What it means to consult the scheme actuary

The recent court case involving the Mitchells & Butlers Pension Plan largely focussed on the correction of unintended changes to the Plan Rules dealing with increases to pensions in payment.

But alongside the lengthy consideration of questions about ‘rectification’ of the Plan Rules, the court also considered whether the unintended changes to the pension increase provisions complied with the requirements of the Plan’s amendment power.

The Plan amendment power allowed the Trustee to amend the Rules with the consent of the Principal Employer but only “after consulting the Actuary”. It was clear that the Plan actuary had to be consulted before any Rule amendments could take effect but what steps were needed for there to have been valid “consultation” with the Plan actuary?

A copy of the proposed new Rules was provided to the actuary, who was asked to confirm to the Trustee that it was appropriate to make the proposed changes. Some additional explanatory materials were also provided. However, although the draft Rules reviewed by the actuary included the changes to the pension increase provisions, they were not drawn to the actuary’s attention (unsurprisingly as the changes were unintended!).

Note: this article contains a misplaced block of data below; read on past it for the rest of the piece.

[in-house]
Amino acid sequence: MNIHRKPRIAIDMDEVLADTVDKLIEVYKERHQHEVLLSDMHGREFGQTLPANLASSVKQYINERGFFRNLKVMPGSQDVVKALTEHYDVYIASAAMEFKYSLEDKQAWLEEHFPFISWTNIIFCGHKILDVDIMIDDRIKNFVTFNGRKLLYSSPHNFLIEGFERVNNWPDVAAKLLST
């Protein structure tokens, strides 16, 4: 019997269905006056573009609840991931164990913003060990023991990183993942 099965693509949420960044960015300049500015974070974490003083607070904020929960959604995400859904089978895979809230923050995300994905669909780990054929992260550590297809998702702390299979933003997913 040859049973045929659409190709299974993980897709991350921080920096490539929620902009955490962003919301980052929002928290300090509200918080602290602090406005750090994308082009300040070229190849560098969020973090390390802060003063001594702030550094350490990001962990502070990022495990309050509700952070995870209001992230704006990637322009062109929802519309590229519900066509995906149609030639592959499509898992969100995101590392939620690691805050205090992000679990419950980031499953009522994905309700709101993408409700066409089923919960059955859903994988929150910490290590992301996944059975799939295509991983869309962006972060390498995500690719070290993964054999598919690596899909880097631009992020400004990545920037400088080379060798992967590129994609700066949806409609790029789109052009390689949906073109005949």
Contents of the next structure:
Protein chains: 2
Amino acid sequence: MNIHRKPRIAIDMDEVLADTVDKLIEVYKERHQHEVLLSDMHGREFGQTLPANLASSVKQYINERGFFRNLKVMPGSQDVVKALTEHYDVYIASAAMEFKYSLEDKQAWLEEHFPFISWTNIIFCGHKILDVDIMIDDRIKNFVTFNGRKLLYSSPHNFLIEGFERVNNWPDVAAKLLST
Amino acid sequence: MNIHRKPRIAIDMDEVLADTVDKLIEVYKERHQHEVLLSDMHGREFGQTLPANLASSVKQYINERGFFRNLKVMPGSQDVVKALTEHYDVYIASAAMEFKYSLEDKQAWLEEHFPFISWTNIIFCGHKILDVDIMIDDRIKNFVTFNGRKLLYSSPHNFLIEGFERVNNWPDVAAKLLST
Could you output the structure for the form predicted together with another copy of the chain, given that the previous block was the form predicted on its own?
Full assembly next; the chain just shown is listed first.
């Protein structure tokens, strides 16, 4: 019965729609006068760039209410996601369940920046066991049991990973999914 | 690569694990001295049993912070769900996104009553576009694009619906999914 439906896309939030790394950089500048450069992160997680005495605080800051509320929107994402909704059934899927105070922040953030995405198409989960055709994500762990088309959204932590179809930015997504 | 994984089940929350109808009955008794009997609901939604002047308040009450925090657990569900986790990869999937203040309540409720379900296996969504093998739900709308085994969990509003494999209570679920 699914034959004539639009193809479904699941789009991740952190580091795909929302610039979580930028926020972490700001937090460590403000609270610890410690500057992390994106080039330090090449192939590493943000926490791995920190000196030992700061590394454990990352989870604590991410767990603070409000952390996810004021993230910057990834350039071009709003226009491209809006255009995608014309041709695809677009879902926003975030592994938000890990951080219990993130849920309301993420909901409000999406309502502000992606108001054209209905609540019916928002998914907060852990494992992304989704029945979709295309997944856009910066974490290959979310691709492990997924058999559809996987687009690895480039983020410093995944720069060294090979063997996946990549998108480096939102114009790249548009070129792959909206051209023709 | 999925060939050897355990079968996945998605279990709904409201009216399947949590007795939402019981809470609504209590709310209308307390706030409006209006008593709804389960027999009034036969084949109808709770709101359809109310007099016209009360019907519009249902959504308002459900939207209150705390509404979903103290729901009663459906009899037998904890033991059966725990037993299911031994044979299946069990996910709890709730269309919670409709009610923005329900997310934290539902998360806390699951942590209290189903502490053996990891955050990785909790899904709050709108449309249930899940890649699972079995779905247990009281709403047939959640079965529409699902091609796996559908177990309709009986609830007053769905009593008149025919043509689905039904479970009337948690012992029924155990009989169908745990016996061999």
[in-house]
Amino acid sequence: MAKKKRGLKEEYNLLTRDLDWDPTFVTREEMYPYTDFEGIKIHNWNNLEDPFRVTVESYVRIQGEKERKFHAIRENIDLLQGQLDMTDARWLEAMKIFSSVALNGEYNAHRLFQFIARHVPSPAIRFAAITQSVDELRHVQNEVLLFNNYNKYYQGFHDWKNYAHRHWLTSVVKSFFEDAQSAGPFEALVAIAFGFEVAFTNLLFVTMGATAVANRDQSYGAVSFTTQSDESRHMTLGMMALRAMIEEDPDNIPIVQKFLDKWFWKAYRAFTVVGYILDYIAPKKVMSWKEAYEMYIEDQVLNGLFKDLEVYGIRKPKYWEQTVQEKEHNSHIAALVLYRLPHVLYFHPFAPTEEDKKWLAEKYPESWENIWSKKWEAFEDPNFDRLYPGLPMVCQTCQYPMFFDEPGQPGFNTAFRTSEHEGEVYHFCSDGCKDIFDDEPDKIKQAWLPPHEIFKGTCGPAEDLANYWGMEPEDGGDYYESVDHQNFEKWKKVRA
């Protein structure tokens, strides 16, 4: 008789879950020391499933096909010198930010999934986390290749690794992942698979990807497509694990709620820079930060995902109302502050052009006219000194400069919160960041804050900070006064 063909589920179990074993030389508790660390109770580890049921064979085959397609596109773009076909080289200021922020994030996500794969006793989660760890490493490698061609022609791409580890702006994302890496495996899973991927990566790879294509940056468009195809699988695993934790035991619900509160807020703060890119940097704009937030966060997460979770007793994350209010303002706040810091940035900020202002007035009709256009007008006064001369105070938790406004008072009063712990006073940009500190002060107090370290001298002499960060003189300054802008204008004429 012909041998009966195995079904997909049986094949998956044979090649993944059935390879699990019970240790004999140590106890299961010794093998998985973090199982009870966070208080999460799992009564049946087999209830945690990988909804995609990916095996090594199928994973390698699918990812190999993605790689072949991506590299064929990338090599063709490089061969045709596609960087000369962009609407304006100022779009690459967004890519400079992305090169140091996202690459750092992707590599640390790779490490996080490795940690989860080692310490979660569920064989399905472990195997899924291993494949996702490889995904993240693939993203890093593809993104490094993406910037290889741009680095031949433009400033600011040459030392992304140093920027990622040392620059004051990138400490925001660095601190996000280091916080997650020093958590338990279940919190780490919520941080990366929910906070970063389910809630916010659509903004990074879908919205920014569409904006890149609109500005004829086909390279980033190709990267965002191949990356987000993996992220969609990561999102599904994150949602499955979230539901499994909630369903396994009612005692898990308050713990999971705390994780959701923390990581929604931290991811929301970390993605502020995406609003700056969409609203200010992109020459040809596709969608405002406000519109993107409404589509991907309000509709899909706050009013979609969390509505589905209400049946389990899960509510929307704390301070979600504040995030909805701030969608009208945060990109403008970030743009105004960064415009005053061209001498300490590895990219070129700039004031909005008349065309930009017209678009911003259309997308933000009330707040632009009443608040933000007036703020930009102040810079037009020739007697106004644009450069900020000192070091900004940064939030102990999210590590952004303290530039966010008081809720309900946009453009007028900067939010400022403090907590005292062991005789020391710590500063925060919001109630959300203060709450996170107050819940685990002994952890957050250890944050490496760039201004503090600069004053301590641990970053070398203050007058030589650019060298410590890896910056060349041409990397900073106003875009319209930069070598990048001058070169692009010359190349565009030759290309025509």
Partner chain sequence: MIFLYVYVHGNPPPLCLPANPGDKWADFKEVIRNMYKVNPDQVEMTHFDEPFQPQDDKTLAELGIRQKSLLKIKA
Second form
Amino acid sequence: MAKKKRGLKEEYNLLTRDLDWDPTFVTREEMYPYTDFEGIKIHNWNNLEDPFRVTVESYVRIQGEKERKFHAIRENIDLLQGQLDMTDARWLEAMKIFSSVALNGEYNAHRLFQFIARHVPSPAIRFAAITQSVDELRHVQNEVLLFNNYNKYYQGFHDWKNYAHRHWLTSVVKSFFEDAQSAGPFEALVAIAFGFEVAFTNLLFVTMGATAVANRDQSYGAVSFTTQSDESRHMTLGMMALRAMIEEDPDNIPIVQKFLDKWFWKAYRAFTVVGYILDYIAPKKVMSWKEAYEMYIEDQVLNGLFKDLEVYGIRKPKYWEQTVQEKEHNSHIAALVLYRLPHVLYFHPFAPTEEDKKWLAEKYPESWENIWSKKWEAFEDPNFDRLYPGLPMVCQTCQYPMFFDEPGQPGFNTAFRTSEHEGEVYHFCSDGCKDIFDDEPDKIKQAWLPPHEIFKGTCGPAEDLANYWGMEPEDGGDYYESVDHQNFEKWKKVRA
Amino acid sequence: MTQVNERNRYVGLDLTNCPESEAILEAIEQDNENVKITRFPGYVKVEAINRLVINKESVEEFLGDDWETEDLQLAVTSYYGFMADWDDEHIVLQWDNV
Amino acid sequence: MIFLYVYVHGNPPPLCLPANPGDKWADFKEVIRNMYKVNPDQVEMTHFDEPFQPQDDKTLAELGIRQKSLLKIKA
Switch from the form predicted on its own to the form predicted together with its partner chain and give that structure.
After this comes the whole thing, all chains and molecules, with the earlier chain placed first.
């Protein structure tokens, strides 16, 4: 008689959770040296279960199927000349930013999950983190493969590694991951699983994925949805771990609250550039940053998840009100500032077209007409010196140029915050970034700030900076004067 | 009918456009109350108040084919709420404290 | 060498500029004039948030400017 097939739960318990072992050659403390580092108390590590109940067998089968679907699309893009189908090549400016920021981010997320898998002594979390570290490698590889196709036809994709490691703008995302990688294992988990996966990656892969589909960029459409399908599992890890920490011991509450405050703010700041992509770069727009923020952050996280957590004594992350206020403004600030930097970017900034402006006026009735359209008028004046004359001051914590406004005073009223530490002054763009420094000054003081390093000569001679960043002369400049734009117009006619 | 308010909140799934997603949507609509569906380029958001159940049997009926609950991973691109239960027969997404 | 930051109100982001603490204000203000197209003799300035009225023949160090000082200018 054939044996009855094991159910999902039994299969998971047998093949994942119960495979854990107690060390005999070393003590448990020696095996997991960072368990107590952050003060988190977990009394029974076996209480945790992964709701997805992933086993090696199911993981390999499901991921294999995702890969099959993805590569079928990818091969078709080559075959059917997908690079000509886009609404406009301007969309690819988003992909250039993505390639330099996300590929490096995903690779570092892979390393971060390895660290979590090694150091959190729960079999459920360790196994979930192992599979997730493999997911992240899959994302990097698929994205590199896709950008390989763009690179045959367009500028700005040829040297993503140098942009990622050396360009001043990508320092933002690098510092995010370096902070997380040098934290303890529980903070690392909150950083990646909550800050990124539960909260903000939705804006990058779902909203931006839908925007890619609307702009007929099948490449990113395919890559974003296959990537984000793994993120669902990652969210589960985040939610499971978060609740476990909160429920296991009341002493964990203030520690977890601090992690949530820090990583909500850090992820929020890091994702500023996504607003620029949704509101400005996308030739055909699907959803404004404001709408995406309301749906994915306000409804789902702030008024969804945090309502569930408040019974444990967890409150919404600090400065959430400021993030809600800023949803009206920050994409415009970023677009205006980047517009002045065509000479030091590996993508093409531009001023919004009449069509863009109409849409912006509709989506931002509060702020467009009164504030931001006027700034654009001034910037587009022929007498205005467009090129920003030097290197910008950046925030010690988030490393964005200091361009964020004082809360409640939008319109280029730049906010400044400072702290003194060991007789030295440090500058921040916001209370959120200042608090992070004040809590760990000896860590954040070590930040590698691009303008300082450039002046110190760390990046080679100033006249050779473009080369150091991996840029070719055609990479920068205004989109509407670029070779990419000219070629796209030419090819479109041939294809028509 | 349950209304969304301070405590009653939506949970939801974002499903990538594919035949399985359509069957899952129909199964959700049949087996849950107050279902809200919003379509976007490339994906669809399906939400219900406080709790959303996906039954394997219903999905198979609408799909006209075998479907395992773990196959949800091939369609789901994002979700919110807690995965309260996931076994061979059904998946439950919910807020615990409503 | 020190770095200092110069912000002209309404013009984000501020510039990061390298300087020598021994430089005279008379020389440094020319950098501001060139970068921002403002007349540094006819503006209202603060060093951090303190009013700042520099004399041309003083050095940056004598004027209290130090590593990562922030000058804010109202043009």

The court decided that it wasn’t sufficient to provide the actuary with copies of the materials and leave the actuary to identify the relevant issues. Instead, it was the Trustee’s obligation (or more likely their lawyers) to draw the relevant changes to the actuary’s attention to allow them to give their actuarial opinion.

This meant that the requirement to consult the Plan actuary had not been fulfilled and the changes to the pension increase provisions had not been validly made (and were void as a result).

Whilst the court’s decision on this question is unsurprising, it is a helpful reminder of the need for ‘proper’ consultation where this requirement arises. This does not mean that every corrected typo or updated cross-reference needs to be drawn to the actuary’s attention in a new set of Rules. But all substantive changes should be specifically flagged where the amendment power requires consultation with the actuary (or any other person).

The decision in this case, and the attention it has drawn to this issue, may have an impact in other areas too. Due diligence in residual risks buy-in transactions may well see an increased focus on the materials provided to the actuary in connection with any material rule changes where the amendment power contains a similar restriction, and insurers may look to carve out liability from residual risks cover where those materials are deemed insufficient or (more likely) just can’t be found.